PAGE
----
We've all partaken in the occasional survey - whether it be for business (customer feedback), pleasure (what's your personality type), political purposes (donkey or elephant) or just to get a head count of your household (U.S. census).
Back in the day, I used to peruse my Seventeen Magazine in search of a survey about boyfriend types or what my nail polish color said about me. In college I took the Meyers Briggs Personality Inventory to find out if I was an INFP, or maybe it was an ESTJ. Even TV is dependent on surveys; The Nielsen ratings and Family Feud couldn't exist without them.
Questionnaires, inventories, surveys - whatever you want to call them - have been around for eons. The concept is ancient - literally. According to my sources, the Babylonians were the first known society to survey the population in the form of a census. They counted people, livestock and other goods to determine the one thing older than surveys: taxes. The practice took place nearly 6,000 years ago, circa 3800 B.C.
Surveys - of the non-censusical form - can be entertaining and informative. They provide a window for us to look through back at ourselves. Lately, however, I feel like I've been deluged with windows - and I'm a Mac user. Surveys are popping up all over the place as they spider their way across the World Wide Web. They've become practically as abundant as passwords. Surveys: Want to take one? Or a dozen? Click here.
They all begin with a question, then follow up with a bunch more, which come together to answer the question you started with. In the last week, I've completed the following: Which TV mom are you? (Marge Simpson) What's your medieval profession? (archer) What day of the week are you? (Thursday) Which state should you live in? (Hawaii - duh).
Some surveys complicate the simple. Like the one that offered to tell me what type of woman I am - um, the female type? Or the one that assessed which kind of hippie I'd be. Who knew there was more than one kind of hippie?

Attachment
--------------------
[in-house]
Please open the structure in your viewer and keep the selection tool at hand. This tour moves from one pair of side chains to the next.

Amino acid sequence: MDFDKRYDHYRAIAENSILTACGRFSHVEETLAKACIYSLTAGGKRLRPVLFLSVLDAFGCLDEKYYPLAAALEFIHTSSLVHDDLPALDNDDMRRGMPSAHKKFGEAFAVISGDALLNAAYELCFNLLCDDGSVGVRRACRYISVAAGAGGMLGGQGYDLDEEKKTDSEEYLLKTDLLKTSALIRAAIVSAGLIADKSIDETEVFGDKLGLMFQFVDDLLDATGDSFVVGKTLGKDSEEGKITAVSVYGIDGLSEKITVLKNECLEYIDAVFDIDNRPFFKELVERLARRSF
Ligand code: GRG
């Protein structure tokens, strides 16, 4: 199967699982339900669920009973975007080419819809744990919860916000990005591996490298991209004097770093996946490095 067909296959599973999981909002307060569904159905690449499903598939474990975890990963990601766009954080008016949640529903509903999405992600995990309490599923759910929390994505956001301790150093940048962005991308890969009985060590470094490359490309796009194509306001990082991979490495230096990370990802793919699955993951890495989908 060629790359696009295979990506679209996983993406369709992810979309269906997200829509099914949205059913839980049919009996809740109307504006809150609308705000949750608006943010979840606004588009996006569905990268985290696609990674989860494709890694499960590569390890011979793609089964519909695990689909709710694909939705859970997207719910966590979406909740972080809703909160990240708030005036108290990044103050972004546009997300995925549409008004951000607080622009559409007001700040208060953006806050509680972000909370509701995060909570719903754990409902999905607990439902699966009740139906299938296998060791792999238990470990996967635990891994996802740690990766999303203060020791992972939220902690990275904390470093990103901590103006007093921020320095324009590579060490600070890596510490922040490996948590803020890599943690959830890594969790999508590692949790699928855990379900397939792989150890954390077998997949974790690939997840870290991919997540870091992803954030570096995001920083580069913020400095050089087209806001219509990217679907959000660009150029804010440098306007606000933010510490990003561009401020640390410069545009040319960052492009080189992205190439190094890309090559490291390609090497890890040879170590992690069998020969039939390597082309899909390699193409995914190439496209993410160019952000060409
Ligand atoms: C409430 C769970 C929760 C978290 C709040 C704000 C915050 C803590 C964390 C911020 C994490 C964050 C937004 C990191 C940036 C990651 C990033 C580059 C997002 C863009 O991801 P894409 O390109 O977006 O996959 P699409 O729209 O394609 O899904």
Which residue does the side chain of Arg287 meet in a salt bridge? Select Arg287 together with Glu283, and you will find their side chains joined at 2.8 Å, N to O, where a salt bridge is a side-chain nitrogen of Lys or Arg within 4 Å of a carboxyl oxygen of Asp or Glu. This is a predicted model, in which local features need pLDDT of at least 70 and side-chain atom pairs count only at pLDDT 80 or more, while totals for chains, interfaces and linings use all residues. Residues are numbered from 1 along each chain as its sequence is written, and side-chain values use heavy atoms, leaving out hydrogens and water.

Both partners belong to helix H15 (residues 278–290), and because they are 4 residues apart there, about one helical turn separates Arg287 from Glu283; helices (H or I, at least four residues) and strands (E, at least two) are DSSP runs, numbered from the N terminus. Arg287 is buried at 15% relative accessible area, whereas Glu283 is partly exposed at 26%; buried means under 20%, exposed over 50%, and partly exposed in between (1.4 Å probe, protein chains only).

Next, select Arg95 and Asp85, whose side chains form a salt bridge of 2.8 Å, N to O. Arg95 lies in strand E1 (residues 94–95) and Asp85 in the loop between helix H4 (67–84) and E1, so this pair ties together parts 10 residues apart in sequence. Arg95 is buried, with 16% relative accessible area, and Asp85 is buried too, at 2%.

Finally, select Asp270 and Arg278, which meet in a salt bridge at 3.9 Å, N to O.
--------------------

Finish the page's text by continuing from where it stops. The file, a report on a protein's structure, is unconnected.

But wait. I'm just getting started. There are surveys to help you determine who you truly are, or at least who you would be, if you were a 70s sitcom, Brady kid, celebrity pet, garden flower, household tool, vegetable, famous painter, Disney princess, candy bar, carnival ride, Beatle's song, insect type, gemstone, color of the rainbow, houseplant, character from Titanic (or Star Wars or Downton Abbey or Twilight or Toy Story) and so on and so on to infinity and beyond.
I've completed a few of these surveys - okay, maybe more than a few - but afterward tend to wonder why. I don't really need the science behind these tests to know I'd be Picasso on a merry-go-round with a hammer. Or, if I were stranded on a deserted island I'd be Gilligan, or as a candy bar I'd be sweet but also a little nutty. In addition, I am aware of my inclination to identify with broccoli, butterflies, Buzz Lightyear and Bobby Brady (don't ask).
I don't need a survey to tell me who I am. None of us does, but that isn't what this is about. It's all silly really and these little diversions are made for fun. Besides, every once in awhile, a survey throws me a snippet of information that's new to me. Like the one on which ancient civilization I'd be from. Surprise, surprise, I'd got Babylonia, where I'd probably be busy - counting my sheep and other livestock.
Jill Pertler is an award-winning syndicated columnist, playwright and author of "The Do-It-Yourselfer's Guide to Self-Syndication." You can read more and follow her column on the Slices of Life page on Facebook.